Europe South Asia Asia Pacific Americas Middle East Africa BBC Homepage World Service Education



Front Page

World

UK

UK Politics

Business

Sci/Tech

Health

Education

Sport

Entertainment

Talking Point
On Air
Feedback
Low Graphics
Help

Friday, February 5, 1999 Published at 16:01 GMT


Analysis: Dayton revisited?

Rambouillet castle near Paris: Venue for another try at peace

By World Affairs Correspondent Nick Childs

The attempt to persuade the two warring sides in the Kosovo conflict to discuss a peace deal at talks in France has prompted parallels with the Dayton process of 1995 which ended the war in Bosnia.

But can the formula be repeated, and how valid is the comparison?


[ image: The six-nation Contact Group says it has learnt the lessons of the past]
The six-nation Contact Group says it has learnt the lessons of the past
There has been much criticism of supposed international procrastination over Kosovo, but Western diplomats say they have learnt the lessons of Bosnia.

Among the signs of that, they say, are the Dayton-style peace talks to which the warring parties have been summoned, and the very tight deadlines the Contact Group and Nato have imposed.

But whether those talks get off the ground and make any progress is still very uncertain.

Kosovo Section
With Dayton, the West had already intervened with air strikes.

There was a ceasefire in place, and the Serb side may have been forced to agree to the ceasefire and go to the negotiating table because the fighting on the ground seemed to be going against them.


[ image: Four years on Nato forces remain in Bosnia]
Four years on Nato forces remain in Bosnia
The Kosovo situation remains much more fluid. Nato may yet have to back up its warnings with some sort of action. But the Alliance also concedes that it will be difficult to put pressure on the KLA.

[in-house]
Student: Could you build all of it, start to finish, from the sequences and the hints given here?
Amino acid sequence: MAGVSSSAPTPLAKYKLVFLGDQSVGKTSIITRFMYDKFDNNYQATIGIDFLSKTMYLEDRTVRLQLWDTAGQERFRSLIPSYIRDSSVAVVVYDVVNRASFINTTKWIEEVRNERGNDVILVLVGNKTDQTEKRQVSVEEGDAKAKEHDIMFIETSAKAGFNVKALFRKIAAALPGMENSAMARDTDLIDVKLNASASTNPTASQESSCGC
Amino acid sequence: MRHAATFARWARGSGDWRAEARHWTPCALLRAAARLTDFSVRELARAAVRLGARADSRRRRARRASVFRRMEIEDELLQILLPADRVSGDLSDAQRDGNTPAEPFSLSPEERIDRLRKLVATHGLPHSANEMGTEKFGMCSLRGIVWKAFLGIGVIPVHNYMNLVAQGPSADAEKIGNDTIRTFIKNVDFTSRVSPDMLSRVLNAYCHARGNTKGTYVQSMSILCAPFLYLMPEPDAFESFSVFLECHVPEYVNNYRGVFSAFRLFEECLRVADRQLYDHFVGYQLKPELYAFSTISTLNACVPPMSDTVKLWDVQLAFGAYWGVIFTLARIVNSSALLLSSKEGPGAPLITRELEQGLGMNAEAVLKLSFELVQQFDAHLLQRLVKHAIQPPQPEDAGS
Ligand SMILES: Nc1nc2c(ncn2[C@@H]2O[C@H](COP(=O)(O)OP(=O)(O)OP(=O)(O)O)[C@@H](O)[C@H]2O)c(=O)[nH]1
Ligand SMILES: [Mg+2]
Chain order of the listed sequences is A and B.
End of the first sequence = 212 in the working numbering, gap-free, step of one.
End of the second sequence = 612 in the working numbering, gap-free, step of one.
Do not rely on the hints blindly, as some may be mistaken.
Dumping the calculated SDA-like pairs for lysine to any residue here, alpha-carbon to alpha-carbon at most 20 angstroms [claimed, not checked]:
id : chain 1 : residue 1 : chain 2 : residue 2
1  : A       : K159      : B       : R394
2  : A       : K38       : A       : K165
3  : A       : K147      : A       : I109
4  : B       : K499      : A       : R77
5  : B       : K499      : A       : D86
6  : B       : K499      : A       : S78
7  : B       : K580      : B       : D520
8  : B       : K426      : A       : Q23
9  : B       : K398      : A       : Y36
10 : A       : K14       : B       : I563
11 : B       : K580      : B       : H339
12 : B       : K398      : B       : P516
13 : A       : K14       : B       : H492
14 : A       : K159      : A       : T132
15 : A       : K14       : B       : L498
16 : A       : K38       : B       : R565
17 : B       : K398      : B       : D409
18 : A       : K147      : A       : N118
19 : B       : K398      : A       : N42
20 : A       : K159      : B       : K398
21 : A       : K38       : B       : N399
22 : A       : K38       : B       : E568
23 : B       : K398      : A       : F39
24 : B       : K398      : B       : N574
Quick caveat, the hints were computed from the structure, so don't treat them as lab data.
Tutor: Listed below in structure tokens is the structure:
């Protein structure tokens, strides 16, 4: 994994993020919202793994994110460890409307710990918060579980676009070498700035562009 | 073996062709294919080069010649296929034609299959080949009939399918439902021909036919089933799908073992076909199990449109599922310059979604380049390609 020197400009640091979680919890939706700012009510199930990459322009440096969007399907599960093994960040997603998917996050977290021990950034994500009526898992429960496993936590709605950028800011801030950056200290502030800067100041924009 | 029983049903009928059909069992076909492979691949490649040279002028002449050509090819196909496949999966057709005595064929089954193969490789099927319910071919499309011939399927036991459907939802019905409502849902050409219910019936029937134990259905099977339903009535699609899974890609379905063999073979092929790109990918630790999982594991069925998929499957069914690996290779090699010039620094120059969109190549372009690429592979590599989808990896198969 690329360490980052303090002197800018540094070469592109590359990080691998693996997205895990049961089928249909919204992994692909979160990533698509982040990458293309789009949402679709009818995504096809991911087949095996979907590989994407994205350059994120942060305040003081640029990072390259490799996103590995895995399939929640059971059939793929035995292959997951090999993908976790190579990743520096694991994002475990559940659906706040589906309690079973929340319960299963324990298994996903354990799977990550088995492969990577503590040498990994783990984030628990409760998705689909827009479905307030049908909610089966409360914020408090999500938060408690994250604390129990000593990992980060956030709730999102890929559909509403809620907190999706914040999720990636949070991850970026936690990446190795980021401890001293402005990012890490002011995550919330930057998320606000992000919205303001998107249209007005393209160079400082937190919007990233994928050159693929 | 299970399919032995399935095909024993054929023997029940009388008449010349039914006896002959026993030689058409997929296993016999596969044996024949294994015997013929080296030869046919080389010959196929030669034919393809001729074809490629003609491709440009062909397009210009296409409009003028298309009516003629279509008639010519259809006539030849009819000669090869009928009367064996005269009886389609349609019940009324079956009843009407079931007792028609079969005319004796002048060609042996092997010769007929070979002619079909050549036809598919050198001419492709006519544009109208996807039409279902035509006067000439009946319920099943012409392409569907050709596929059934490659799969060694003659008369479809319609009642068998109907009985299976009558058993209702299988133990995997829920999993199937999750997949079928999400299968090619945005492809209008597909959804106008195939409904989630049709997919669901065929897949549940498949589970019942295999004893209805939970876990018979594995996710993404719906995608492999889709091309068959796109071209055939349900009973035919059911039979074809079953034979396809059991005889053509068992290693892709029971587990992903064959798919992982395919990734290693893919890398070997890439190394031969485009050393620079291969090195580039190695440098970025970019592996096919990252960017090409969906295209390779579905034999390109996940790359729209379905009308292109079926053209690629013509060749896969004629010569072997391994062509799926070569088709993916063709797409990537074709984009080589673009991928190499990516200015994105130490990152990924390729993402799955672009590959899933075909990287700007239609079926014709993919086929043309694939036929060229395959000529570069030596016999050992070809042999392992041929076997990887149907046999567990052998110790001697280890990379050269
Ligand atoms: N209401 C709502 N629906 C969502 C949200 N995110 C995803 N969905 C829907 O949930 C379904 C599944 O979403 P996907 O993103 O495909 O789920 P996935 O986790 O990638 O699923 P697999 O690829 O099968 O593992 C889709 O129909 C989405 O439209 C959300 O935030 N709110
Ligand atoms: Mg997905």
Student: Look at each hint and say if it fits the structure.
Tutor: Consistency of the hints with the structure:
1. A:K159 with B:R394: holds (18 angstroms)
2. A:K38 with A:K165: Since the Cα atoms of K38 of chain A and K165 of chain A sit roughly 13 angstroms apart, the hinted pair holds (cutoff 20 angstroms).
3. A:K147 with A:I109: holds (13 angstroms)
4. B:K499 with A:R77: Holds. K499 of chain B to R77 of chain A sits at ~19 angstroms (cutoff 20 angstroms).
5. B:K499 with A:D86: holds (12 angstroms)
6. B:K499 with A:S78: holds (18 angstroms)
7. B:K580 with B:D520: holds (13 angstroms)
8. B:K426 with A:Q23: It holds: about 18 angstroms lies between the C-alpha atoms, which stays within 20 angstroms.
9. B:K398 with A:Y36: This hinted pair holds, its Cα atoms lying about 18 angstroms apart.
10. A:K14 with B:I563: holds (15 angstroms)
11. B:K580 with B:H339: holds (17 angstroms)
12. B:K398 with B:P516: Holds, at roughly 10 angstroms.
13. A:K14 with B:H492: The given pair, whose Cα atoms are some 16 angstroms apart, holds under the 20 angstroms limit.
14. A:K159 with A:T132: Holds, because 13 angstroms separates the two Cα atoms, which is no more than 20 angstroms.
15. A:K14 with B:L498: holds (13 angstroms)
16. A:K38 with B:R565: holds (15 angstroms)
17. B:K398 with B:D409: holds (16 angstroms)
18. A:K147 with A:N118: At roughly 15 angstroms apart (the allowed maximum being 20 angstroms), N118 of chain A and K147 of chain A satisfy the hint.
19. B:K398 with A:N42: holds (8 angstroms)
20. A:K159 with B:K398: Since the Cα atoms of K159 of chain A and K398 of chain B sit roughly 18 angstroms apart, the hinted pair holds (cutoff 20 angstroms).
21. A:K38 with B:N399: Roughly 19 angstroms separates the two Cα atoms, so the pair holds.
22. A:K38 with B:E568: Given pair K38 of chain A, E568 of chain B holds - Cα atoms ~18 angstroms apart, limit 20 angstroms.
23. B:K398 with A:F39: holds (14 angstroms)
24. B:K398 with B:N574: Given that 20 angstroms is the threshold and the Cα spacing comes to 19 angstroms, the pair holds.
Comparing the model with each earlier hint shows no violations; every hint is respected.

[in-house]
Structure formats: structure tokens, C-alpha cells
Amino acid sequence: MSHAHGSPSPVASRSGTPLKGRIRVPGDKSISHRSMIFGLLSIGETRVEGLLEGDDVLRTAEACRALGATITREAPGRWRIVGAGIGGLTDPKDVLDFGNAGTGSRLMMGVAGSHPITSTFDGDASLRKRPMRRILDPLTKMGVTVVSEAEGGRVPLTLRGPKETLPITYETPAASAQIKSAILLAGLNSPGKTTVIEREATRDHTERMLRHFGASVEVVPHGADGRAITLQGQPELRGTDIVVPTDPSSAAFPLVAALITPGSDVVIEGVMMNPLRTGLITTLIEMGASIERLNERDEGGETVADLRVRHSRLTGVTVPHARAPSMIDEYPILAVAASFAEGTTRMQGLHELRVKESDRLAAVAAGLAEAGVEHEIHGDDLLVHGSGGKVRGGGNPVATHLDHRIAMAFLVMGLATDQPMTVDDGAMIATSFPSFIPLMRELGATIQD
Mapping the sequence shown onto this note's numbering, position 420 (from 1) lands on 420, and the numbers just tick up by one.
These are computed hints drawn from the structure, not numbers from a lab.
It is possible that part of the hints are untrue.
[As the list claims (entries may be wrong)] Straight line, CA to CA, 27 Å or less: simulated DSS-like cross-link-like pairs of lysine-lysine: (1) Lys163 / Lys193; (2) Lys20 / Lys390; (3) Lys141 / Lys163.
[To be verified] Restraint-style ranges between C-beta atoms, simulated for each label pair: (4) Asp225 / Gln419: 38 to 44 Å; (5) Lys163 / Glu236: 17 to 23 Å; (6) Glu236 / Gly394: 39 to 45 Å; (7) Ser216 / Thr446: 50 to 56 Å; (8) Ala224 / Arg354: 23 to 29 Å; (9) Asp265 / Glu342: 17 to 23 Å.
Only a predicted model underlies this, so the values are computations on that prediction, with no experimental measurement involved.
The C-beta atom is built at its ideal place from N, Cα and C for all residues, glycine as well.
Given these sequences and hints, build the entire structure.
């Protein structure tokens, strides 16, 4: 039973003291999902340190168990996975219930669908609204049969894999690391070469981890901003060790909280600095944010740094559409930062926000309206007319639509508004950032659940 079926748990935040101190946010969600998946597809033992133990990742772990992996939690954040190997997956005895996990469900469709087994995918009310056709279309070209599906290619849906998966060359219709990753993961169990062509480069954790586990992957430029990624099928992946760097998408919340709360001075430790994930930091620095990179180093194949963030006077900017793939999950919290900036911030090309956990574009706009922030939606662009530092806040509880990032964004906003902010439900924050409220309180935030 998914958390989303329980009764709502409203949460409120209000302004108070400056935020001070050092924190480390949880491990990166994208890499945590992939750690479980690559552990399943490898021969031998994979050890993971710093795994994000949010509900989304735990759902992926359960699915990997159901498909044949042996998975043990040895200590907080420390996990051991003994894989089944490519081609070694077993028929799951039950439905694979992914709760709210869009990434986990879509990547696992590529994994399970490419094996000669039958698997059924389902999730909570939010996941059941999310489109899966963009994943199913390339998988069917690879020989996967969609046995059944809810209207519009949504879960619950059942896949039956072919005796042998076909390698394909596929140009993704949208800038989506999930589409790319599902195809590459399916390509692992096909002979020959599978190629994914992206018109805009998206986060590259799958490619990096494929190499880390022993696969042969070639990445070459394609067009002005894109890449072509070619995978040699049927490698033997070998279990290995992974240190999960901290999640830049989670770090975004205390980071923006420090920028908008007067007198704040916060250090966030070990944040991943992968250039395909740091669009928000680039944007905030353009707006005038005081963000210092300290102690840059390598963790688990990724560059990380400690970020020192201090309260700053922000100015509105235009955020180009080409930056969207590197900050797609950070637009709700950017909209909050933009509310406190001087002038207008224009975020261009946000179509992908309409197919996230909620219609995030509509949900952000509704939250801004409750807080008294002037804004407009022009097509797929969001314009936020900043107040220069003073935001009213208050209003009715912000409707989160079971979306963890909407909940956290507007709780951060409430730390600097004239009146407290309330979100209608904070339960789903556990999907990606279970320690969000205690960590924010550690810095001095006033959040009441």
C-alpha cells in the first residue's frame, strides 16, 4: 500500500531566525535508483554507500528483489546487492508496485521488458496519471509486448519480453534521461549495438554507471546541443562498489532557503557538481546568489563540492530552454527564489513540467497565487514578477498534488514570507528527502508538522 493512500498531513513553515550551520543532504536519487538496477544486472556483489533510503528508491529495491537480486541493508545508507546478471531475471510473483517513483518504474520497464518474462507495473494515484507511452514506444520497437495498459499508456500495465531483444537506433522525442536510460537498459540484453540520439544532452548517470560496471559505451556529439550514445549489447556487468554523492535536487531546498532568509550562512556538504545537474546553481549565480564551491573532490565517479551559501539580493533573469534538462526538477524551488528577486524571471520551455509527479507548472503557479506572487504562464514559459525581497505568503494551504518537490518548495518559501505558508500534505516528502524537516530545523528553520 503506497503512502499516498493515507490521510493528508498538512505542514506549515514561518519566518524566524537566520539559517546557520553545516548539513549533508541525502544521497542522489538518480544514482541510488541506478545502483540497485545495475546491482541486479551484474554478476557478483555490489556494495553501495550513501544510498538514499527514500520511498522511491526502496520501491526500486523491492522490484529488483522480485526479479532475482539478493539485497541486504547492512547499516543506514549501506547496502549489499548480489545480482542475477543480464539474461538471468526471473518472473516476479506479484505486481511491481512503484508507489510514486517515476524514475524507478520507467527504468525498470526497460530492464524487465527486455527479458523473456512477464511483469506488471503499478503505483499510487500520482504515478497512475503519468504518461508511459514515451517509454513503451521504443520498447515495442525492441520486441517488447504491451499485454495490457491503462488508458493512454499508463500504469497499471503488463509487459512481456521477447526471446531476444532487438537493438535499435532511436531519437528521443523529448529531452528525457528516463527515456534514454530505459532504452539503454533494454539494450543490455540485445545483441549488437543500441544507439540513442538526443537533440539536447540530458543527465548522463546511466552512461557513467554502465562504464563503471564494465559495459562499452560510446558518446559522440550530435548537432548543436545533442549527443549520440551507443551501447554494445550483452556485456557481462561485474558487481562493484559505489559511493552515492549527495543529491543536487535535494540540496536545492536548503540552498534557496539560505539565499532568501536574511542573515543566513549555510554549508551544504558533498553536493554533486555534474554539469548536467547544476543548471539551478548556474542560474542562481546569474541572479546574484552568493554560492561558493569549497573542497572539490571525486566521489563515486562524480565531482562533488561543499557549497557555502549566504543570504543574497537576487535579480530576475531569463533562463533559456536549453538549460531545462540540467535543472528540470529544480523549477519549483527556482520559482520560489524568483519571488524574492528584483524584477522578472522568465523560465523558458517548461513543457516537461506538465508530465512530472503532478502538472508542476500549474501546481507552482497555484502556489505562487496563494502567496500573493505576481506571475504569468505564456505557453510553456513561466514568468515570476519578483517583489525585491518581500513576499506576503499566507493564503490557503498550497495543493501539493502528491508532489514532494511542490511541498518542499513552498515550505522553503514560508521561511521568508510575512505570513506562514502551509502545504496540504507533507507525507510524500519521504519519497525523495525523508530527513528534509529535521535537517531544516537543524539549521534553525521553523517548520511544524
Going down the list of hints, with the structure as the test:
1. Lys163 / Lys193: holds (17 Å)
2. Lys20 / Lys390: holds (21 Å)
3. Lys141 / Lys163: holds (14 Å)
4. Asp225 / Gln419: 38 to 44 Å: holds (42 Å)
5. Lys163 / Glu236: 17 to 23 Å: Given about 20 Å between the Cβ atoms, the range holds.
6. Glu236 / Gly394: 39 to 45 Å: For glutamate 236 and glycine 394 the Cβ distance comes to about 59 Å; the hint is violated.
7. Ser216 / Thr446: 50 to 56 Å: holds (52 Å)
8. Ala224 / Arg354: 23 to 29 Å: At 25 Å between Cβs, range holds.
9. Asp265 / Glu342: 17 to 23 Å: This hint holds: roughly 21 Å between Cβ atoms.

In the case of Dayton, a detailed plan already existed for a settlement. The same is true for Kosovo - the negotiators would not be starting with a blank sheet of paper.

And, as with Bosnia, the west accepts any settlement will have to be enforced by a sizeable Nato-led force.

The American role

But here the two approaches diverge. Dayton was very much under US auspices, and on US soil. Agreement, when it finally came, was only reached after massive pressure from the Clinton administration.

The Americans have been the driving force again. But the actual talks set for Rambouillet in France appear a more collective effort, with a more prominent role for the Europeans.


[ image: The military situation in the troubled province remains fluid]
The military situation in the troubled province remains fluid
If they do go ahead, the British Foreign Secretary, Robin Cook, and his French counterpart, Hubert Vedrine, will be the formal co-chairmen. The talks will be driven by a joint US, European Union, and Russian team.

That might preserve international coherence. But whether it will have enough diplomatic clout is another matter.

The Americans may yet have to step in again more forcefully.

Also, Dayton was very much a top-level summit. It is unlikely the Yugoslav President, Slobodan Milosevic, will himself go to Rambouillet.

There are doubts, too, as to whether the Kosovo Albanians can produce a cohesive delegation.

Over Kosovo, there is clearly pressure on all sides, including the international community - whose credibility remains on the line.



Advanced options | Search tips




Back to top | BBC News Home | BBC Homepage |




Africa | Americas | Asia-Pacific | Europe | Middle East | South Asia


Internet Links


Nato

Serbian Information Ministry

Kosovo Information Centre


The BBC is not responsible for the content of external internet sites.




In this section

Winter halts search for Kosovo victims

Prominent Serb shot in Kosovo

K-For 'lacks will' to protect Serbs

Nato chief: No single ethnic Kosovo

US general condemns French 'red card'

Losing Kosovo but keeping power: Sloba and Mira

Nato embassy attack 'not deliberate'

Serbian opposition settle differences

From Sci/Tech
Balkans environment 'seriously damaged'

UN chief makes first Kosovo visit

Kosovo mass grave uncovered

Aid linked to Milosevic removal

New K-For leader looks to rebuild

Freed Britons arrive home

Violence flares in Kosovo

Draskovic attends crash victim's funeral

Kosovo mass grave unearthed

Kosovo Gypsies stranded on border

Yugoslavia slams KLA deal

Nato assesses Kosovo lessons

Montenegro sues for 'coup'

From Health
Babies die in Kosovo aftermath

Pope calls for Balkan harmony

Kosovo Corps - an army for Kosovo?